Honoring History at Verdugo Hills Cemetery

A sign directs visitors to the Verdugo Hills Cemetery.
File photo



It all started with a fire.

Craig Durst had been the Sunland-Tujunga “town historian” for quite some time when a fire broke out at the Verdugo Hills Cemetery.

“In 2020, [apparently] some kids threw fireworks through the fence of the cemetery,” Durst said as to how the fire may have started.

The fire that started was quickly contained but it had local residents worried. There had not been ongoing upkeep of the century-old cemetery and there were a lot of weeds and vegetative growth.

“I looked [at the cemetery] and we didn’t have the brush clearance we needed,” he said.

The Verdugo Hills Cemetery sits on top of a hill surrounded by houses. Since it was established in 1922, the cemetery has had to struggle to keep up with maintenance, abatement and sustained interest. Then Durst came along. He too was worried about fire danger and saw the vegetation overgrowth.

“I realized [in 2020] that the 100th anniversary was coming up,” Durst said. He spoke to the man who was caretaker of the property at the time. The caretaker handed his job over to Durst. The former caretaker had moved to Utah and wasn’t always nearby to follow up with cemetery needs so this seemed like a perfect time to breathe new life, so to speak, into the historical Sunland-Tujunga site.

Durst was not the first person who had high hopes for the refurbishing of the cemetery. Throughout the years interest had ebbed and flowed in the Verdugo Hills Cemetery but to Durst, who not only loves history but also respects it, this was a perfect project.

Since he took it over, the cemetery has become a place of honor for those who had been laid to rest there, including veterans. No one is forgotten; Durst knows the history of just about everyone whose final resting place is Verdugo Hills Cemetery.

And this small cemetery came with a lot of historical baggage, including being a strange commune decades ago, having suffered lots of vandalism and enduring a flood that destroyed many cemetery plots. However, Durst looked beyond the headlines of history and found the smaller stories that are at the foundation of the cemetery.

Verdugo Hills Cemetery had been overseen by the Little Landers Historical Society. Durst had been a member of the society for a long time. But the property needed a lot of care, a lot of time and a whole lot of boots-on-the-ground work.

Once a month volunteers met to pull weeds, repair items and create walking paths; they continue to meet at the cemetery. The cemetery is respected and has become a destination for many people seeking a historical tour.

“We recently got our 501(c)(3),” Durst said.

The cemetery had operated under the non-profit status of the Little Landers Historical Society but due to the success of the repairs and the rebirth of the location it seemed it should be considered its own organization. It is now under the watchful eye of the Friends of Verdugo Hills Cemetery.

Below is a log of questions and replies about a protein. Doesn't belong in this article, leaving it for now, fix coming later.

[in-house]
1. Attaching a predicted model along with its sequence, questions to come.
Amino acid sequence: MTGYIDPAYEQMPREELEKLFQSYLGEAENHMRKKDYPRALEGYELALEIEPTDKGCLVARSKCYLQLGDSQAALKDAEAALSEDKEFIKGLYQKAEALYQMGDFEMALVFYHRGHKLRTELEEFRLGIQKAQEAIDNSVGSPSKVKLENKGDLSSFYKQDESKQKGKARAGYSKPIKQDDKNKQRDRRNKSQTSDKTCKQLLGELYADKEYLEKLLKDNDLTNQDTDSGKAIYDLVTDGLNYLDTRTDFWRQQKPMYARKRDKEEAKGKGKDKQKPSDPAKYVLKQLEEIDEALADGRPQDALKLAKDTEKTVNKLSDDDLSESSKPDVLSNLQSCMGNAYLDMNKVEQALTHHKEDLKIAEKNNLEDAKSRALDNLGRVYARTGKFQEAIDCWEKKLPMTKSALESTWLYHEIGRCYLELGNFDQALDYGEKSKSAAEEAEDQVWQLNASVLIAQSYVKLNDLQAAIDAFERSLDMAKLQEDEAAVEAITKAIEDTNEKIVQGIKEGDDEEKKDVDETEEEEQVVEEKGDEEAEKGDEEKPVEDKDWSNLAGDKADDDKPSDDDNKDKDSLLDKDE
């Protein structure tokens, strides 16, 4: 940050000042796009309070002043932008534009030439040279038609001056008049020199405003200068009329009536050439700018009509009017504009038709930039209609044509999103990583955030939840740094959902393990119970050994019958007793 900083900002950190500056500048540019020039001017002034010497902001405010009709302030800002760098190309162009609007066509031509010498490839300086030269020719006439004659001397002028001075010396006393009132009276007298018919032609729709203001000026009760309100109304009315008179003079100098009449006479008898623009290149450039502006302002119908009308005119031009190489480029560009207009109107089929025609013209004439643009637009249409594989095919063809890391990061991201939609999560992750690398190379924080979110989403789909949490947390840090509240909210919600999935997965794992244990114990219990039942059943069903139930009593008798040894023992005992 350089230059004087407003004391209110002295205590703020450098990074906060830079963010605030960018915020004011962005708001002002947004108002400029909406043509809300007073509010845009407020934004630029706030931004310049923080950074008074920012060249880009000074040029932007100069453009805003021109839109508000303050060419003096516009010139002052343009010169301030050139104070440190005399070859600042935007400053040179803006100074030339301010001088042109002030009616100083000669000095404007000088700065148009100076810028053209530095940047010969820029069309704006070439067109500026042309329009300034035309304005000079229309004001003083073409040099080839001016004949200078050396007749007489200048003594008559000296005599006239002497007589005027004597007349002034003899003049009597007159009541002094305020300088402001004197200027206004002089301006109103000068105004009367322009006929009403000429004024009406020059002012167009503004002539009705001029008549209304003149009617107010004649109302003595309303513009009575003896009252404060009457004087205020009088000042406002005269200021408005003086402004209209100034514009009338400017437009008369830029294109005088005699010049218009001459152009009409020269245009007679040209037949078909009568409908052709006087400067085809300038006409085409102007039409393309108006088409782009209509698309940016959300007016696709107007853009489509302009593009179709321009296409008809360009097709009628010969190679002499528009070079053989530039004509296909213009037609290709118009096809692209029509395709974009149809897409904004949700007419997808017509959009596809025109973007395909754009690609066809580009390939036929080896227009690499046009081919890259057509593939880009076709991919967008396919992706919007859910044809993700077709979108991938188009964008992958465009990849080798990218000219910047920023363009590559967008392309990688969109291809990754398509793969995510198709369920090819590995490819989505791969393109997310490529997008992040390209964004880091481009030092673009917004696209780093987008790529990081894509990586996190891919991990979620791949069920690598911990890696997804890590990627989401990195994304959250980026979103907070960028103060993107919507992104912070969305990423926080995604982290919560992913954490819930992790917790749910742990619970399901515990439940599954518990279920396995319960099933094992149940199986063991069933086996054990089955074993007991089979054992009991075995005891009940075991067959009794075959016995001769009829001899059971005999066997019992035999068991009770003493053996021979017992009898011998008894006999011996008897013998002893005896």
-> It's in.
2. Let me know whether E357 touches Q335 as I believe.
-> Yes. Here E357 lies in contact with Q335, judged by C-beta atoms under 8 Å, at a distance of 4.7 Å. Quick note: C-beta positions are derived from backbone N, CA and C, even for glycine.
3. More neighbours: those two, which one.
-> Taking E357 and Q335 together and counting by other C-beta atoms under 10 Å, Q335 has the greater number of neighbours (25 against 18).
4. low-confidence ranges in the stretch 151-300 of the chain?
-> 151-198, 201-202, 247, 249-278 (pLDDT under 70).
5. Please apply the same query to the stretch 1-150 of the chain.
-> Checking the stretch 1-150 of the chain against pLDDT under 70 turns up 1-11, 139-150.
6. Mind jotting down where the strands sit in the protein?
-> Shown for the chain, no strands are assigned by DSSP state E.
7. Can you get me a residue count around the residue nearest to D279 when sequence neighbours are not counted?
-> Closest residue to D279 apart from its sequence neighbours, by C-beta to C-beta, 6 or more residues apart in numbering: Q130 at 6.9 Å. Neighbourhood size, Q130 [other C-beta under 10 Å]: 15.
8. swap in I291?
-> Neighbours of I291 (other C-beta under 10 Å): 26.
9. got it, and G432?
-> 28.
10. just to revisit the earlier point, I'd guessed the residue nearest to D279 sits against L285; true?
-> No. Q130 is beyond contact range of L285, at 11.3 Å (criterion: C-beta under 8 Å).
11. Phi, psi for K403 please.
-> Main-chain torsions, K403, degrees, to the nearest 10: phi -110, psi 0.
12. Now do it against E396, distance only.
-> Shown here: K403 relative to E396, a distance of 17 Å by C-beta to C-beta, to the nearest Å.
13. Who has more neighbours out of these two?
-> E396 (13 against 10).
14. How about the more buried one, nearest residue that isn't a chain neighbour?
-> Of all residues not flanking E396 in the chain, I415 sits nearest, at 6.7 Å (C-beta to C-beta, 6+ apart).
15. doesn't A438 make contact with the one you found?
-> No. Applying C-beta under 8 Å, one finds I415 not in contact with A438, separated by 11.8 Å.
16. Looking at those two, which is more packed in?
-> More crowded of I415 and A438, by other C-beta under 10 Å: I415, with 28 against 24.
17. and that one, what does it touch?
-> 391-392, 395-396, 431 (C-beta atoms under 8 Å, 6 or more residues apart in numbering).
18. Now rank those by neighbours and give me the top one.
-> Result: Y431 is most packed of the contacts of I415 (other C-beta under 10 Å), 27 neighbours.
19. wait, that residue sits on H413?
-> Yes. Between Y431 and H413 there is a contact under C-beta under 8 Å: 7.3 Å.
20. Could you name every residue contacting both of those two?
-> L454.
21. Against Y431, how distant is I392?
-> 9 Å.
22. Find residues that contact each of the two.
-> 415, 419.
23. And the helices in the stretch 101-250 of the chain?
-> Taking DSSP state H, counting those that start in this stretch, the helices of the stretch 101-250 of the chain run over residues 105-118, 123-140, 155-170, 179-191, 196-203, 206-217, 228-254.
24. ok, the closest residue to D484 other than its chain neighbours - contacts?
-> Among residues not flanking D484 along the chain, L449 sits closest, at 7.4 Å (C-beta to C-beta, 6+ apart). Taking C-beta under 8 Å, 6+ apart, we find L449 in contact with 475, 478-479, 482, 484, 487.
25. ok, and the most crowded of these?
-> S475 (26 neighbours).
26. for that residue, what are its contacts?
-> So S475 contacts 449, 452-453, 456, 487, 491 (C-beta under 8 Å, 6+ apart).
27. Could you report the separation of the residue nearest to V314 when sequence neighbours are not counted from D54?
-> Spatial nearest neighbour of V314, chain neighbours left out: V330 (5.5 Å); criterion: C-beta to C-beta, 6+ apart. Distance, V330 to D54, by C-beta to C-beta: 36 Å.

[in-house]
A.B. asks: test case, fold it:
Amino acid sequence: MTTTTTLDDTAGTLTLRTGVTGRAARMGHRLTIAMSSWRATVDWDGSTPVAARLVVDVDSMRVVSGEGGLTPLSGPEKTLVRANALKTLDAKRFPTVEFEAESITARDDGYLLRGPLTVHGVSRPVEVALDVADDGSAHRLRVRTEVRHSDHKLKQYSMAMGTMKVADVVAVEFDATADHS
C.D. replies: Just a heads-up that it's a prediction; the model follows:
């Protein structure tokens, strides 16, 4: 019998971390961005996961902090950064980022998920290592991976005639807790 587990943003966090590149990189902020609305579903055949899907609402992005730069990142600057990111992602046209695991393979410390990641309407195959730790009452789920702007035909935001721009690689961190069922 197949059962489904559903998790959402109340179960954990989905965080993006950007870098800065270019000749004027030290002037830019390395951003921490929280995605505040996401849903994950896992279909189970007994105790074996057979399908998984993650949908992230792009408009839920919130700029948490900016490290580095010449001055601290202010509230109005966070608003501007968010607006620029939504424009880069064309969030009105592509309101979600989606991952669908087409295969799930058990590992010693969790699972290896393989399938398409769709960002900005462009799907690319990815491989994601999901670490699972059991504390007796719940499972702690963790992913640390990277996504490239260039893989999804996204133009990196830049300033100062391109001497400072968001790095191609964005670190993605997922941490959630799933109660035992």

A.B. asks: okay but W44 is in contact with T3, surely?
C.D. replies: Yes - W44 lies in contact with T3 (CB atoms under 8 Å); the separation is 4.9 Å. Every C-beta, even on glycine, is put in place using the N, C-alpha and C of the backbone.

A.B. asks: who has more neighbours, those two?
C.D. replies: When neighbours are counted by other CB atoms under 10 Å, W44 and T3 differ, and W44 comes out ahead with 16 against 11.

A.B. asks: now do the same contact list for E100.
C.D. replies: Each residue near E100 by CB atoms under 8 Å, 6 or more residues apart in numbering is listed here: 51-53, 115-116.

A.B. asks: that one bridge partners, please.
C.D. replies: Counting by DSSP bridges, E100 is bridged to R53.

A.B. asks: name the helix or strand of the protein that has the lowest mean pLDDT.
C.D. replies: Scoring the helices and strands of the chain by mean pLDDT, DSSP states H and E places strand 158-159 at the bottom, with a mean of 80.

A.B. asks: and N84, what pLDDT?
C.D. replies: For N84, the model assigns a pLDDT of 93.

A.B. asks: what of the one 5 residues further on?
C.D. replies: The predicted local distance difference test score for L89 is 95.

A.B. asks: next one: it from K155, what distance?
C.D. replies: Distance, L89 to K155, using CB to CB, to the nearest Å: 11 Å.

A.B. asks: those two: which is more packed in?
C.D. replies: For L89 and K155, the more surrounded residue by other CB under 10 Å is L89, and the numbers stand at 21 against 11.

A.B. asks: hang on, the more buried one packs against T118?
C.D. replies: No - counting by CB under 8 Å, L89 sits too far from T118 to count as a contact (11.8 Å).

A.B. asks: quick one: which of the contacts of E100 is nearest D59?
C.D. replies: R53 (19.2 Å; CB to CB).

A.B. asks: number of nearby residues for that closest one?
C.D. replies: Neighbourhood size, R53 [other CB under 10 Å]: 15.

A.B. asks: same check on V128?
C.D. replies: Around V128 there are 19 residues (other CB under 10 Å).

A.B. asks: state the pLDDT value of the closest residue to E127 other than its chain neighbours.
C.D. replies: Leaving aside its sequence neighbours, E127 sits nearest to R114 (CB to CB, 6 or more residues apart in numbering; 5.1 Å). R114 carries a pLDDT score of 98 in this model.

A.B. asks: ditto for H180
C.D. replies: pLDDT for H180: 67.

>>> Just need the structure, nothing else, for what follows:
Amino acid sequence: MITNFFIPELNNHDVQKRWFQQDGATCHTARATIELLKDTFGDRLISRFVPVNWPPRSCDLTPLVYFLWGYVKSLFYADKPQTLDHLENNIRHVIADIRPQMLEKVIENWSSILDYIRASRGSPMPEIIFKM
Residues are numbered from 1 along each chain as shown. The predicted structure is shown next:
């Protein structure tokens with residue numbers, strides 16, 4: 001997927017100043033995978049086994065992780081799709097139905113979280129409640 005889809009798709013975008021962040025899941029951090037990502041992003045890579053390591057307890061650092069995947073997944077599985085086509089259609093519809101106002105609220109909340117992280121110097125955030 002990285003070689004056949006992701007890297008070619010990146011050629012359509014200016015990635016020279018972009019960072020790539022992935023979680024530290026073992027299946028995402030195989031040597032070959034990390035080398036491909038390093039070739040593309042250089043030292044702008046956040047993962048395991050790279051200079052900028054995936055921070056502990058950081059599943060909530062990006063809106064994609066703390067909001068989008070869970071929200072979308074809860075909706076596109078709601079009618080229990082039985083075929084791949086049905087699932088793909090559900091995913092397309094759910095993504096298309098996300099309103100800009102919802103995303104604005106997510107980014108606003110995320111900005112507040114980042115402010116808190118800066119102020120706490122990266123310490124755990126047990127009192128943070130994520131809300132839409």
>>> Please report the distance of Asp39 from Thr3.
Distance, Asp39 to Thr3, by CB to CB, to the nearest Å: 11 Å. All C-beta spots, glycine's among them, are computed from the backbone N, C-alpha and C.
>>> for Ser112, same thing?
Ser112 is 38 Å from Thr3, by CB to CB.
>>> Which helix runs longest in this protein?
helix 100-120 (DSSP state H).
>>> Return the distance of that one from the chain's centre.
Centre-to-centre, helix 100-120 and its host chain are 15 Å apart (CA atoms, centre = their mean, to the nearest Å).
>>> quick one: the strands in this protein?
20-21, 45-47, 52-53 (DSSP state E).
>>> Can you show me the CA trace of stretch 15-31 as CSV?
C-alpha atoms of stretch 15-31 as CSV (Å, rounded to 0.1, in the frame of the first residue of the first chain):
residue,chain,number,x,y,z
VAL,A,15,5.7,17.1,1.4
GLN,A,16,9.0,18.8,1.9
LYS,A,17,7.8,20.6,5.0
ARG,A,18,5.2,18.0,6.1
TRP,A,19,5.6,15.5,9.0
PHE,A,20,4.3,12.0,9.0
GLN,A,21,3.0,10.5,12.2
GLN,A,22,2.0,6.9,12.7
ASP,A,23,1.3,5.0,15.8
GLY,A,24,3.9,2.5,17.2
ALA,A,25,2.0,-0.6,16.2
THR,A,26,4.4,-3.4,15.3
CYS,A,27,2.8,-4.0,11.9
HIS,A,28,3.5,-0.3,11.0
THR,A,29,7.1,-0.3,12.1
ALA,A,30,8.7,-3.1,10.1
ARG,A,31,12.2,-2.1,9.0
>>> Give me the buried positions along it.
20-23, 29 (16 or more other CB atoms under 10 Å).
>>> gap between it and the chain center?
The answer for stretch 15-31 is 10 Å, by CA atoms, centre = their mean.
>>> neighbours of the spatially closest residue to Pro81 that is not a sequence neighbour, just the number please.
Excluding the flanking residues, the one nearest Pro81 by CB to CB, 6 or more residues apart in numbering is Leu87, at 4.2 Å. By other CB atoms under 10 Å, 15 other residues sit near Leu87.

“My basic plan is to make [Verdugo Hills Cemetery] a new destination [interest],” he said.

Durst has received a lot of local support from individuals and businesses. He is reaching out to a company to take over regular maintenance so that volunteers can concentrate on the graves and other areas that need care.

Help has come from individuals like actor Bill Pullman and his family who have supported Durst’s efforts from the beginning.

The Friends of Verdugo Hills Cemetery hosted a movie night and on Jan. 6 Durst has a “Star Stories” planned where visitors will be invited to look up to the night sky as he shares the “lore of the stars” of the ancient past.

He has plans to bring a concert of world music to the cemetery and, although he wants to stay away from the “spooky” aspect that is usually part of a cemetery, he is looking at bringing to the area some spiritualist-type events.

The most important thing is to always respect those who are buried at the cemetery and their families, he said.

Durst has focused a lot of efforts on honoring veterans, those who have been buried at the cemetery as well as present veterans and their families. The cemetery recently hosted a Wreaths Across America event.

That organization conducts wreath ceremonies across the U.S. to remember fallen U.S. veterans, honor those who serve and teach children the value of freedom, according to Wreaths Across America.

“This will happen every year. We are an official cemetery on [their list],” Durst said.

This particular event was emotional for Durst.

Verdugo Hills Cemetery has graves that are located outside the fenced area.

“I led a 7-year-old down to the [grave] of a veteran. She presented the wreath,” he said. “At the gravesite, she said, ‘I thank you for your service and now we will have a moment of silence.’ That’s what Wreaths of America is all about; teaching children about the value of freedom.”

All events at the cemetery are free to attend; however, the Friends of Verdugo Hills Cemetery does accept donations to fund their work on this historical location.

For more information or to sign up for the organization’s newsletter, go to https://friendsofverdugohillscemetery.com.